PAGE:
The same group of extremists expects other faiths to respect Islam – but they fail to reciprocate this. It is alleged that in some mosques, the sermons preach unbridled hatred.

Many loopholes and obstacles

Last Saturday, a 14-year-old girl and a 23-year-old teacher were married at a mosque in Kuala Lumpur, after a religious syariah court approved the union. The teenager said, “It has been hard trying to juggle two rôles – as a student and a wife – but I am taking it in my stride.”

Can no one else see that this is wrong? How does the state protect children from paedophilia? Has the child’s health and maturity been considered? What about her mental and maternal health, when she undergoes repeated childbearing at a young age? What about her education?
Muslim men can remarry easily. So who will support her should her marriage fail? Or if her husband leaves her for a younger woman or fails to support her when he remarries? Our syariah law and welfare system has many loopholes and obstacles. Some women claim it works against them.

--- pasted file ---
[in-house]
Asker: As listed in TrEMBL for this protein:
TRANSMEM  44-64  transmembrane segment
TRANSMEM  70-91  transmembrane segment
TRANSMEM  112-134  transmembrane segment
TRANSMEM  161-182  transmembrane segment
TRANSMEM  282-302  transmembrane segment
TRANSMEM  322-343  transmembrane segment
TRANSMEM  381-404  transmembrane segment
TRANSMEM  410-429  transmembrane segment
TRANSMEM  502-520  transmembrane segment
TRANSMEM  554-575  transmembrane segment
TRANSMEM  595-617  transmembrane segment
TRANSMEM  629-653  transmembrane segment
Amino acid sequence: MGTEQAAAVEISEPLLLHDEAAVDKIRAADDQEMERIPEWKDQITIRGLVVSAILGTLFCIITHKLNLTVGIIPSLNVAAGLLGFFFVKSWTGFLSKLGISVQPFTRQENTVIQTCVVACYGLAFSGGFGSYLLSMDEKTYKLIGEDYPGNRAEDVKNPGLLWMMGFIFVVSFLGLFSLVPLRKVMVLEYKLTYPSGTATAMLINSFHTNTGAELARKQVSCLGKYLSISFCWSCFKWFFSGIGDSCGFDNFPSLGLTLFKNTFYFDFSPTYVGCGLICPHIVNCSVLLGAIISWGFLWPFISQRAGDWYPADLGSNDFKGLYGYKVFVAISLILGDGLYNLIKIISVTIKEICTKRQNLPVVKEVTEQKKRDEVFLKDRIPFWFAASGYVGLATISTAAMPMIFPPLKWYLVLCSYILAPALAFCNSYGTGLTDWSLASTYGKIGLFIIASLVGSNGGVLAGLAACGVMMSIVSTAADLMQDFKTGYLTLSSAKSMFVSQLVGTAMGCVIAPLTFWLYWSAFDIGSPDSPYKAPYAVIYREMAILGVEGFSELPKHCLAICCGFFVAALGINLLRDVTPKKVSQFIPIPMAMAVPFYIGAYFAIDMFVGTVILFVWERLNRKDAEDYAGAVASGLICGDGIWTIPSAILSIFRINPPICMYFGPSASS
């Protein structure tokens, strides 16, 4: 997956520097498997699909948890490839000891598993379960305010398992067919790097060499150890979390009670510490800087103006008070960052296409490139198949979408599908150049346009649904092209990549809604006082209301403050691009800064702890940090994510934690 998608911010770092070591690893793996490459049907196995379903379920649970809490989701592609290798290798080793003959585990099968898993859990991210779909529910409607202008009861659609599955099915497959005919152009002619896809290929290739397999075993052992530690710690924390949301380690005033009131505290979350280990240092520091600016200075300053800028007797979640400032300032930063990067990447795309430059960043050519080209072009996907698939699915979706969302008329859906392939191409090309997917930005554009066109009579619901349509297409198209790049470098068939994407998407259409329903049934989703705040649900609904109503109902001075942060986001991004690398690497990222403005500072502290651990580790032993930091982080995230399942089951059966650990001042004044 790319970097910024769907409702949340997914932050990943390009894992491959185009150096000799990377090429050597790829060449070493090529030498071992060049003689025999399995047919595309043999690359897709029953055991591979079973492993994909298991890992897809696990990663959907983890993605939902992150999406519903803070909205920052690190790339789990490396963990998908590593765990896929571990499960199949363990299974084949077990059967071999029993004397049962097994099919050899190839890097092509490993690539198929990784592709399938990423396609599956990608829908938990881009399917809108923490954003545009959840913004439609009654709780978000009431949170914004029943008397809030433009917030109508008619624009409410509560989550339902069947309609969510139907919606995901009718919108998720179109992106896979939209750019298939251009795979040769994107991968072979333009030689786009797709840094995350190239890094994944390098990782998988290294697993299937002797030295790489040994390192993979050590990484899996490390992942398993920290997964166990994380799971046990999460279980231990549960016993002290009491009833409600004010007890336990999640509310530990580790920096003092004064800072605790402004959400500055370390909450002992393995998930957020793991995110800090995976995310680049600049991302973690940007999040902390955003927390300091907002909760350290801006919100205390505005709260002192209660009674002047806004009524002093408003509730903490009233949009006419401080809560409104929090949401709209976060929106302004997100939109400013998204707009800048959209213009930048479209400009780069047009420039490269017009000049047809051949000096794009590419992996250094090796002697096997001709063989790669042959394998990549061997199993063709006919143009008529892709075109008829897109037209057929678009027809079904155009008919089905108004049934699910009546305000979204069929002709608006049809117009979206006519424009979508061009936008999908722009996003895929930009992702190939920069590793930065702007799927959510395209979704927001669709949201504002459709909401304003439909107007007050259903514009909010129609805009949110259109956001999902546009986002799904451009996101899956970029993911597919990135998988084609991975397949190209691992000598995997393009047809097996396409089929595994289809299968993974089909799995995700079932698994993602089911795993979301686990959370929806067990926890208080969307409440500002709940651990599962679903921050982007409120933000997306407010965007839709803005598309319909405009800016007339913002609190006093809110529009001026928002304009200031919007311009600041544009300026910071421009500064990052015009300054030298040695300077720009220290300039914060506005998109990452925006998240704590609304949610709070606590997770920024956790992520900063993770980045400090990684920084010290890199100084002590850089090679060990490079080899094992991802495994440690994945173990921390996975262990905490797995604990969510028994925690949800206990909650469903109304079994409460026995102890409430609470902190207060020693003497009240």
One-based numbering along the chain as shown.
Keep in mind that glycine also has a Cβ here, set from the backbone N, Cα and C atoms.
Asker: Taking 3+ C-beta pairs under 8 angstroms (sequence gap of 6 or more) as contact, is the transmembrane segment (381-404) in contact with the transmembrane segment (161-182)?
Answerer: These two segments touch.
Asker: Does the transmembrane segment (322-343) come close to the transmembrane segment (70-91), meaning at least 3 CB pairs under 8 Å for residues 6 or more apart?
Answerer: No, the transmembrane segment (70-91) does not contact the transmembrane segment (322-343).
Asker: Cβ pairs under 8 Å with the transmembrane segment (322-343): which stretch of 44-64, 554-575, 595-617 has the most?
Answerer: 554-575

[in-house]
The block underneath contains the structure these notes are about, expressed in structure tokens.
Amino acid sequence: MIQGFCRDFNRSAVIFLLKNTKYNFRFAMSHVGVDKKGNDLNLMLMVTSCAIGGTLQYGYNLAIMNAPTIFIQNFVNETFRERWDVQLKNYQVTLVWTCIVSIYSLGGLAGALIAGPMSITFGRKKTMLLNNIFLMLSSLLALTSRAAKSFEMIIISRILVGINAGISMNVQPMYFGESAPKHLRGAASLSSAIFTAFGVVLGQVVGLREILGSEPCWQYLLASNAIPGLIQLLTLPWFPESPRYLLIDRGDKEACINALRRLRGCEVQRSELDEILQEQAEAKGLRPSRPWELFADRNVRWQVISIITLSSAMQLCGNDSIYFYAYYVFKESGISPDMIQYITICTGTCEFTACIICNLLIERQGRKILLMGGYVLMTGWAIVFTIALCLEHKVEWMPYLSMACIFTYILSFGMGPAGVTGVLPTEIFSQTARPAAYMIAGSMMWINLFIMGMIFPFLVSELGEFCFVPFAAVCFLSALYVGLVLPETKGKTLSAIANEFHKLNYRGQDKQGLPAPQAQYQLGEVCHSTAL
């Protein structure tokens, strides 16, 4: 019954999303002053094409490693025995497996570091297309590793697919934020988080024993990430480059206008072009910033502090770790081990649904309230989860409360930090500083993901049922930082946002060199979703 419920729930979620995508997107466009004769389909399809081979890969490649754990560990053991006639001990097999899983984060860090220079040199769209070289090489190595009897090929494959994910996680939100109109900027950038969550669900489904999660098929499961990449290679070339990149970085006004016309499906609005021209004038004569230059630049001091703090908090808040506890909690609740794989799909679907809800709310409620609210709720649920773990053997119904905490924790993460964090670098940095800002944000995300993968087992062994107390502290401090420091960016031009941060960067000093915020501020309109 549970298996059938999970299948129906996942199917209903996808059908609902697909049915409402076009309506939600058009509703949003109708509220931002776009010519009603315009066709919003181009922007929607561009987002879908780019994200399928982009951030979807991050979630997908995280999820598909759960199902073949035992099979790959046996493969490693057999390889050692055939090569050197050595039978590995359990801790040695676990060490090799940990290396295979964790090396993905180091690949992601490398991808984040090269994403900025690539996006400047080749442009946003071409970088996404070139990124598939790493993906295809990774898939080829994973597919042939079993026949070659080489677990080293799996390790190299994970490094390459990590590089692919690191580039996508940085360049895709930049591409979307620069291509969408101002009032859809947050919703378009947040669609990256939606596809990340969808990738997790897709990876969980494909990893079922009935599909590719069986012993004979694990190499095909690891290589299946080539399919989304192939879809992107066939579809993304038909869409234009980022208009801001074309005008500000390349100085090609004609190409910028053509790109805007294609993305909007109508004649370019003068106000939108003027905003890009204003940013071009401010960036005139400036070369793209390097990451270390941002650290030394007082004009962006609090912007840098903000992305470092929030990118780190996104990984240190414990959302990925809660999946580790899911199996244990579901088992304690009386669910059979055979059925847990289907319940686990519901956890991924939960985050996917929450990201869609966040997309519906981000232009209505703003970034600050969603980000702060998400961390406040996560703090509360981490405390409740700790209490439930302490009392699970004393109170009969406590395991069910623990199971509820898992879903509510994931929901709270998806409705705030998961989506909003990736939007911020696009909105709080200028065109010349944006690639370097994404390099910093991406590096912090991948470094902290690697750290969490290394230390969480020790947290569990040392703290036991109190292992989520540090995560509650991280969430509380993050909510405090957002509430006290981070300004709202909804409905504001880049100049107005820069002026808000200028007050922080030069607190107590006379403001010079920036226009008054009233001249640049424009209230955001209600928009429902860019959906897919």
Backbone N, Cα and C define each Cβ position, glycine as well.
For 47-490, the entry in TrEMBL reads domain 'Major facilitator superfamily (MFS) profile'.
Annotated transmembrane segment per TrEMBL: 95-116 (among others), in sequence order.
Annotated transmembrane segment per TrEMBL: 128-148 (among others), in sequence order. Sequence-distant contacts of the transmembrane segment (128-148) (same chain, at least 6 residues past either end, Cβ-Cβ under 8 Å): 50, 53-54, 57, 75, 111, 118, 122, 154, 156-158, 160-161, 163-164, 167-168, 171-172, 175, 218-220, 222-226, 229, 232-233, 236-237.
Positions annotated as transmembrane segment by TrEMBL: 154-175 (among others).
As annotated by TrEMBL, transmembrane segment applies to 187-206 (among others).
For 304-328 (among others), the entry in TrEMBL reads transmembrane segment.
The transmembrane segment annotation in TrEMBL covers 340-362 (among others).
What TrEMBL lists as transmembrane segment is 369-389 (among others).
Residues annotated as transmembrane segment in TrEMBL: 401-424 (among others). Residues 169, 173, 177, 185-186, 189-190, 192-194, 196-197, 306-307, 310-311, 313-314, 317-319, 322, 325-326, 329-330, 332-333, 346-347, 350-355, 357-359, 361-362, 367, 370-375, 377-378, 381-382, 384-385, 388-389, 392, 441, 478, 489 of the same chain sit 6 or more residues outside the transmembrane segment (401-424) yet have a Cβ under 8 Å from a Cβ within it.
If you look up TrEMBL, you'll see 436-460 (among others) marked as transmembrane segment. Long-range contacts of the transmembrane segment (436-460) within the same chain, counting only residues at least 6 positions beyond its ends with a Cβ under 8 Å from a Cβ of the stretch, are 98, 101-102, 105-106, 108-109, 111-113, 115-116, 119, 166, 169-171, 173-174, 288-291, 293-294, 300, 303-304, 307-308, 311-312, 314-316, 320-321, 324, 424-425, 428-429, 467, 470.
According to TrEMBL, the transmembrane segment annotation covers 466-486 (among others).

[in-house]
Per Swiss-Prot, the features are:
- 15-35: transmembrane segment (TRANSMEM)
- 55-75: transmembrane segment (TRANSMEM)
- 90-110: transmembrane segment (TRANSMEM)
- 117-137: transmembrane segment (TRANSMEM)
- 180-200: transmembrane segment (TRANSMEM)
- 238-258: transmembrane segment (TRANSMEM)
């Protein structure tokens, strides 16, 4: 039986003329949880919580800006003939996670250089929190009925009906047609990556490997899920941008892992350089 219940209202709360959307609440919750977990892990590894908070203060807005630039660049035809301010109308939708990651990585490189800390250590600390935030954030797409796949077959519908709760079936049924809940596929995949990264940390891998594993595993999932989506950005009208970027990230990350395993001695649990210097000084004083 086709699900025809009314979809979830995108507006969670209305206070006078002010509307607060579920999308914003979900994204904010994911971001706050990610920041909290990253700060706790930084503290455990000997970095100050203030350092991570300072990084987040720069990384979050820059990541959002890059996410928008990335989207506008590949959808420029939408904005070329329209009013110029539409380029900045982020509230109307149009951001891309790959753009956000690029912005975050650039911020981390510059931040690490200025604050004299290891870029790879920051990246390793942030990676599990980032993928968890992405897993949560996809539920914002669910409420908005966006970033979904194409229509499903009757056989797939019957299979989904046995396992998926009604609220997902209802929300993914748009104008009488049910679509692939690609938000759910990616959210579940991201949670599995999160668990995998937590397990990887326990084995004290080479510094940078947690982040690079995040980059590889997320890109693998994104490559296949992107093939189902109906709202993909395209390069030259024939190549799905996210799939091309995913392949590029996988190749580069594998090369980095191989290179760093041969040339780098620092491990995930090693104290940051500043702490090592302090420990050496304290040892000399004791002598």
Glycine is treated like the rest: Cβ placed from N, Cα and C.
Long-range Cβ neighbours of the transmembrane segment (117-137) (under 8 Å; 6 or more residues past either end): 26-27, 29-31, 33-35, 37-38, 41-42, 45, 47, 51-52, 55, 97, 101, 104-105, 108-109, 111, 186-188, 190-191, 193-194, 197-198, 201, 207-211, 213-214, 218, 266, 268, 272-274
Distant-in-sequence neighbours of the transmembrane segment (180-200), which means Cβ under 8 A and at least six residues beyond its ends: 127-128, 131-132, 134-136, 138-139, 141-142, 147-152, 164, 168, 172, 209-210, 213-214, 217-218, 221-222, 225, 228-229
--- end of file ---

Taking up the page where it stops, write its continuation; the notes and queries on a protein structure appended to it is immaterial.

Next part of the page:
Look at how Malay men perceive of their women. Despite equality in Islam, women are given short shrift. Nurul Izzah Anwar’s request for a debate with Ibrahim Ali was rejected. He called her ‘small fry’ and told her to contact the head of Wiranita, the Perkasa women’s organisation, instead. This demeaning attitude towards women is replicated in many Malay households..

When will the champions of “ketuanan Melayu” talk about success, progress, innovation, creativity, harmony, sharing and excellence instead of alluding to the “only my rights matter” mentality?

We Malays must face up to our insecurities so we can live at peace with ourselves. The non-Malay is a convenient scapegoat for our failures. We need to admit we have problems and face up to them.

Our religious leaders must make a clear stand against polygamy, paedophilia, child-snatching and intolerance of other faiths. Our Malay leaders must learn to respect other non-Malay Malaysians and treat them as equals. Only then do we have the right to ask others to respect us. We must stop the hypocrisy and madness that is called “ketuanan Melayu”.

MARIAM MOKHTAR is a non-conformist traditionalist from Perak, a bucket chemist and an armchair eco-warrior. In ‘real-speak’, this translates into that she comes from Ipoh, values change but respects culture, is a petroleum chemist and also an environmental pollution-control scientist